Cameras are still an important technology feature in manufacturing and inspection applications, but they are also increasingly valuable in non-traditional sectors. As part of June’s OEM Camera Directory & Guide, we look at three factors driving imaging tools: speed, resolution, and software.

Figure 1. The SLAM-algorithm system was tested on a PR2 robot, shown above. A map and its details, such as wall edges, were used as a reference for the robotic navigation. (Image courtesy of Hordur Johannsson, CSAIL/MIT)
Industrial cameras still serve the usual inspection tasks, like making sure that labels are placed on the appropriate dimensions of a bottle, or confirming that automotive parts are free of cracks or defects. Machine-vision- quality cameras, however, are becoming a key component in other nonmanufacturing areas where high-quality images are still required, including medical applications, transportation, and surveillance.

Microscope cameras, for example, now have the capability to measure the size and shape of cells. Surveillance devices offer 3D renderings of targets, and have the technology to distinguish human faces from photographs. Other camera systems spot braking vehicles, collect speeds, and analyze traffic flow rates.

Vision is also an essential feature in the development of more advanced and autonomous robot control. Rather than being told where to go, today’s robots understand their environment and look for objects on their own.

A system being developed by researchers at MIT’s Computer Science and Artificial Intelligence Laboratory (CSAIL), for example, uses Simultaneous Localization and Mapping (SLAM) technology. A robotic algorithm builds three-dimensional maps, with no human input. As the robot travels through an unexplored area, a low-cost video camera and an infrared-depth sensor scan the surroundings, and update the map as it learns pieces of its environment (see Figure 1).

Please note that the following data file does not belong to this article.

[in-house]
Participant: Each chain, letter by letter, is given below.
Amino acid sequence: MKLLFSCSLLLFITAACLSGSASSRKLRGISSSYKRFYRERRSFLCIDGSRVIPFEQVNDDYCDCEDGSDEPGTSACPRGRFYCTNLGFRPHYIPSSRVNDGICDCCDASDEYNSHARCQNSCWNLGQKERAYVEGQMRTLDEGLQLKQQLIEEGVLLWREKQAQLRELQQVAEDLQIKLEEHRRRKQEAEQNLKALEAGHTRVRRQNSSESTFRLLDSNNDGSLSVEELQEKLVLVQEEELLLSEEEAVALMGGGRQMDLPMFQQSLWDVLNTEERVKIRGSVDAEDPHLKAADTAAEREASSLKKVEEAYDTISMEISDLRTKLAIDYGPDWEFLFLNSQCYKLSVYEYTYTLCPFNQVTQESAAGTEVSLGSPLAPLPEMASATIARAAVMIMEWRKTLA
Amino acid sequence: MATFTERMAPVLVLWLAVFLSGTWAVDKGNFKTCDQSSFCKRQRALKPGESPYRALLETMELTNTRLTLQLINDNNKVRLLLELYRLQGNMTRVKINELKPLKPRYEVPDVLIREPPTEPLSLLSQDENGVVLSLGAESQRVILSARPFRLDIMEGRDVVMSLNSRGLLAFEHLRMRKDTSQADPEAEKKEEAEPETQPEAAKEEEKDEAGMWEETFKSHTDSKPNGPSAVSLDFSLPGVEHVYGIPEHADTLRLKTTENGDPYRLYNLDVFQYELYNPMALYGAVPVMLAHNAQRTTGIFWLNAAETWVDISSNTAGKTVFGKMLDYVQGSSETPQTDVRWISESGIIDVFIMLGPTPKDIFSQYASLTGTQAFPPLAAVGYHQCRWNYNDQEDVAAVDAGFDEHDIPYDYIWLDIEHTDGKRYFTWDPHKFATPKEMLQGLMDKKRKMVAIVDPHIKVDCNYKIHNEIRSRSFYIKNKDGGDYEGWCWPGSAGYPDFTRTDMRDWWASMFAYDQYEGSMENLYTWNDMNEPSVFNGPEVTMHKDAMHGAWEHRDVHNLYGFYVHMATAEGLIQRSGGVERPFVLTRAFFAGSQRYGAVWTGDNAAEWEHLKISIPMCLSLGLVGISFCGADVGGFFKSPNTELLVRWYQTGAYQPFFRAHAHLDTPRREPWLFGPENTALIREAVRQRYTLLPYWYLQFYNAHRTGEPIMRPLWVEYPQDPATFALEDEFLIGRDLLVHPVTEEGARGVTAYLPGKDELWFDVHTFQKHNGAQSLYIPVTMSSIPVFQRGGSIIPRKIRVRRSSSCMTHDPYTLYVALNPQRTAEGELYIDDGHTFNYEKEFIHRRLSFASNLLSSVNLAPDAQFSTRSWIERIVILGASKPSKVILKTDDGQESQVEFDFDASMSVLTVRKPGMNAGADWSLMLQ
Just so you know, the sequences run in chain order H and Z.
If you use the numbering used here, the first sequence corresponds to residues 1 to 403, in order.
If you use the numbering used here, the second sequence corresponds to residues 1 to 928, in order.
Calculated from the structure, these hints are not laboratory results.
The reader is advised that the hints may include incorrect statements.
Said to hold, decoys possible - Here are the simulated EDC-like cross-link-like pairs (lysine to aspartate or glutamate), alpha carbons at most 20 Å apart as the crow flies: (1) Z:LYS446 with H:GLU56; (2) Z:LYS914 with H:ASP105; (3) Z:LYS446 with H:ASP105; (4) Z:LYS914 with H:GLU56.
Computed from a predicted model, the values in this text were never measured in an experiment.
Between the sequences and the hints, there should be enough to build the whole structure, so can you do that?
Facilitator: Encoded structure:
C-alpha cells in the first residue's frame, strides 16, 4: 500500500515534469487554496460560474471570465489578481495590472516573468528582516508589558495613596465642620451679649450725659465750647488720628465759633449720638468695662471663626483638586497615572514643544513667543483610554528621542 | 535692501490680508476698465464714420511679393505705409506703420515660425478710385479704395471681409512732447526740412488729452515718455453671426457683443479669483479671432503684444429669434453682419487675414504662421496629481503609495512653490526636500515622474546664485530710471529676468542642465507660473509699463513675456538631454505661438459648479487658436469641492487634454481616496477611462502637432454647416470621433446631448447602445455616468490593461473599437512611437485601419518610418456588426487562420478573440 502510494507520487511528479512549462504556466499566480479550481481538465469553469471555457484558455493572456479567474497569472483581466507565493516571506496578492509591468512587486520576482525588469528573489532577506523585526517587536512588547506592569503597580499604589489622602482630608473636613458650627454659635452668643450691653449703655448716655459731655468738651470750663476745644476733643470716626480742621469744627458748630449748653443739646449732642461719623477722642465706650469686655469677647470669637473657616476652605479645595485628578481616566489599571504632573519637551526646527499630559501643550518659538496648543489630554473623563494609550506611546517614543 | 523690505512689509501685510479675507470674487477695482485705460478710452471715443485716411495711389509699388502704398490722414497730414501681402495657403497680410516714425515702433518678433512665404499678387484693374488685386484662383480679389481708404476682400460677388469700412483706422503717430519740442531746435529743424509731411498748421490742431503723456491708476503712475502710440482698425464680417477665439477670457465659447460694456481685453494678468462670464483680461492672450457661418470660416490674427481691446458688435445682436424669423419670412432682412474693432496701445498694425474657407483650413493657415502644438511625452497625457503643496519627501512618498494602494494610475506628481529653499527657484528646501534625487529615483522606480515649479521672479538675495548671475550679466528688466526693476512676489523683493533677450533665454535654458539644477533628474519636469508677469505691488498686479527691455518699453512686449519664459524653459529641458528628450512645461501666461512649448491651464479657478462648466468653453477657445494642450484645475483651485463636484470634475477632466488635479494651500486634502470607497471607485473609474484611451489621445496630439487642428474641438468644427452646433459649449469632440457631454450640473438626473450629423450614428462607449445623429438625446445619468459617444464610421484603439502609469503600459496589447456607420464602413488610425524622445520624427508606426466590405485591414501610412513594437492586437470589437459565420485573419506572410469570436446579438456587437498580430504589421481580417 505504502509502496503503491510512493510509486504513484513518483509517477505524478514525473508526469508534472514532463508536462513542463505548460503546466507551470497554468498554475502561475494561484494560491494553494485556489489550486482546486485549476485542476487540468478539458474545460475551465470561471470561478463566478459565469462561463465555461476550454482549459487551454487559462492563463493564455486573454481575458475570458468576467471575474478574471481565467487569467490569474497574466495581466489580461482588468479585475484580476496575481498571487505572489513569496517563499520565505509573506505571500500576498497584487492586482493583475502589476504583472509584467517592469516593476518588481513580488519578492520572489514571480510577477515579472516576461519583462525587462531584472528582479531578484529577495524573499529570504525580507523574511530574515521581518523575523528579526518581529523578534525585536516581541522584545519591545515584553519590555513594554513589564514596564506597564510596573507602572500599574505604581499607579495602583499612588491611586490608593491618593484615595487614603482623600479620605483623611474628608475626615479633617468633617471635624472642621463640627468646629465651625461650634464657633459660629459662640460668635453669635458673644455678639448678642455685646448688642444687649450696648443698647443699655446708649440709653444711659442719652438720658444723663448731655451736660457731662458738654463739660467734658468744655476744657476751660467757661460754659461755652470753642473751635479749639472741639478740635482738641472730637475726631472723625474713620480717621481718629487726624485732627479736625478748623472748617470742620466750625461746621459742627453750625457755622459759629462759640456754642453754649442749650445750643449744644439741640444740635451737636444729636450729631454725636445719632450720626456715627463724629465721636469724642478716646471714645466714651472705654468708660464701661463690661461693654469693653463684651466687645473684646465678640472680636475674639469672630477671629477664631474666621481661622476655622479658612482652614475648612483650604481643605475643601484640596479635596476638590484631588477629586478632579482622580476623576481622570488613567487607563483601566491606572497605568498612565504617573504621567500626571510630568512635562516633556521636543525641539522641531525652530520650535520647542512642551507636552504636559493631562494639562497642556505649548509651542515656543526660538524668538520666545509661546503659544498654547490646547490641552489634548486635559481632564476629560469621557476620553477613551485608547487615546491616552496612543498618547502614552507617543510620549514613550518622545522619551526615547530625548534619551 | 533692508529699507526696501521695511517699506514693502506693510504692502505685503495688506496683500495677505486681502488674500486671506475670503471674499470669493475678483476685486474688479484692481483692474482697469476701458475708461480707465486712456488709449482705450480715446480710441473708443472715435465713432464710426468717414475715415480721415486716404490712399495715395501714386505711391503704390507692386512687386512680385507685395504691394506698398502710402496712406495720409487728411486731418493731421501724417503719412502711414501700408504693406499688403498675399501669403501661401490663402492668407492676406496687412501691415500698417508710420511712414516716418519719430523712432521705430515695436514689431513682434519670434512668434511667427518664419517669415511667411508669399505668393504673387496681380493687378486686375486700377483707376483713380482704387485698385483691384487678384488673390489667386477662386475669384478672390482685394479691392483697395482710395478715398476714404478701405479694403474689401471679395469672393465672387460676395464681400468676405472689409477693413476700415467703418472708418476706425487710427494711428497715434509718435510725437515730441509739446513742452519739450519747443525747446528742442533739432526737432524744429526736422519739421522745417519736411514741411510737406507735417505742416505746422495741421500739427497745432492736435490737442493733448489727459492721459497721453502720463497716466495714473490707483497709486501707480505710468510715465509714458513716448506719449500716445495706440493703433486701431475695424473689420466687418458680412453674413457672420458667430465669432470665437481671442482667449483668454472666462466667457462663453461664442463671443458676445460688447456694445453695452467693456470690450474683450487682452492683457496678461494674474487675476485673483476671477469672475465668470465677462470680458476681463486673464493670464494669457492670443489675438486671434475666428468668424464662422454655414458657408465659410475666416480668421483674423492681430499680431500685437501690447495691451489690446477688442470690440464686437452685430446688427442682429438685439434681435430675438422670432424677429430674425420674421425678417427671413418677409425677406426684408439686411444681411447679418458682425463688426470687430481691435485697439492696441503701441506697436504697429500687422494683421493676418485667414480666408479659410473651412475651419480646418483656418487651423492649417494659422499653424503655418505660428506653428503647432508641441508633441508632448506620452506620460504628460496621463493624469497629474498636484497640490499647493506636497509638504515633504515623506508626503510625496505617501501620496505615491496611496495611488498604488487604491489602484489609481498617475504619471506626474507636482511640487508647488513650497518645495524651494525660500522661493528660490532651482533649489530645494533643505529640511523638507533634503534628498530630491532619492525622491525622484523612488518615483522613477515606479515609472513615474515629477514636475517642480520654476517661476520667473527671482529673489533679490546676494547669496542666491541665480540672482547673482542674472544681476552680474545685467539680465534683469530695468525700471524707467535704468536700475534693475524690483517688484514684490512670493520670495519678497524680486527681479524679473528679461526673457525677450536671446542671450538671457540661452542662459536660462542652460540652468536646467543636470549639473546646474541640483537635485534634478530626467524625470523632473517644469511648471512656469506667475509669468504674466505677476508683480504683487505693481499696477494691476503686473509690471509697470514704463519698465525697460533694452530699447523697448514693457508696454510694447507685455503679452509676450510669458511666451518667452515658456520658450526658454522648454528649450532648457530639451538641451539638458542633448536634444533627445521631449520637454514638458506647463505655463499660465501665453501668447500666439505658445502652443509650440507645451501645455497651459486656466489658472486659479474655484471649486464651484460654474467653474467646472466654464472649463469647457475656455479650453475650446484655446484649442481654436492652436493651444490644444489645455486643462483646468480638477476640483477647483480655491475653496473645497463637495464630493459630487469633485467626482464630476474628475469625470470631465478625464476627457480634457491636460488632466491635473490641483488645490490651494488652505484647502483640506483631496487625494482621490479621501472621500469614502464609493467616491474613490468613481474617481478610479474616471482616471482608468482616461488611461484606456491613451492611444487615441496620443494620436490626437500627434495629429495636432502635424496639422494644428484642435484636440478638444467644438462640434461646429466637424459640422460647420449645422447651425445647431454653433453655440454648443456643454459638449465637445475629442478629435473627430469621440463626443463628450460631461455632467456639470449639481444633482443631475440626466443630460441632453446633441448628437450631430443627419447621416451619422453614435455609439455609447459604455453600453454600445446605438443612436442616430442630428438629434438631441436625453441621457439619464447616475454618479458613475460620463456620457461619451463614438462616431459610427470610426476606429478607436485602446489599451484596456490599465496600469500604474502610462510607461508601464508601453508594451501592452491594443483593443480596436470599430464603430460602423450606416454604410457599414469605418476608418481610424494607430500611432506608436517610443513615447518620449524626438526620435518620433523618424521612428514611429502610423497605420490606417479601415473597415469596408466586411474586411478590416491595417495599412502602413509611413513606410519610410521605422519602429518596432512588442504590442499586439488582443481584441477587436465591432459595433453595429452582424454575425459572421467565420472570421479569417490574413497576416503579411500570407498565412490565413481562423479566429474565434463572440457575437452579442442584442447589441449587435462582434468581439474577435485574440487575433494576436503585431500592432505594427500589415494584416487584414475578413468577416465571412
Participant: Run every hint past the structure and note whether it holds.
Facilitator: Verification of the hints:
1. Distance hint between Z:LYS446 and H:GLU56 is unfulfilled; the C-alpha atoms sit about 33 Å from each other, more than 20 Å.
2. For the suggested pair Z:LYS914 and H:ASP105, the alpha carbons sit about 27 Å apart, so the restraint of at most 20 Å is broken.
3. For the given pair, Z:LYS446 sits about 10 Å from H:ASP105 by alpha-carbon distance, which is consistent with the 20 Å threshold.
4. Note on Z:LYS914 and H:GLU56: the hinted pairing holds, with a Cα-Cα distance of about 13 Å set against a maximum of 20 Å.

Whether a vision customer is a manufacturer seeking inspection help, a military agency looking to map out an area, or a city council trying to understand highway traffic patterns, three technology areas are critical to today’s customer needs: high speed, high resolution, and customizable imaging software.


Figure 2. A camera system consisting of seven GigE devices inspects for surface blemishes, contour flaws, and thickness. The system has 13 axes of motion.
With imaging technology, high speed is important not only in production and manufacturing, but also in other nontraditional activities: monitoring intruders, recognizing features within a room, and analyzing traffic, to name a few.

The quality of Complementary Metal- Oxide Semiconductor, or CMOS, chips has increased dramatically, according to John Morse, senior market analyst at the Wellingborough, England-based IMS Research, and they contribute to improved speed — especially compared to the more traditionally used CCD chips. Although CCD sensors still have their place, he says, new camera products increasingly incorporate CMOS sensors. The growth in CMOS chip quality is valuable for non-traditional applications, like the monitoring of a busy traffic area, where speedy processing is essential.

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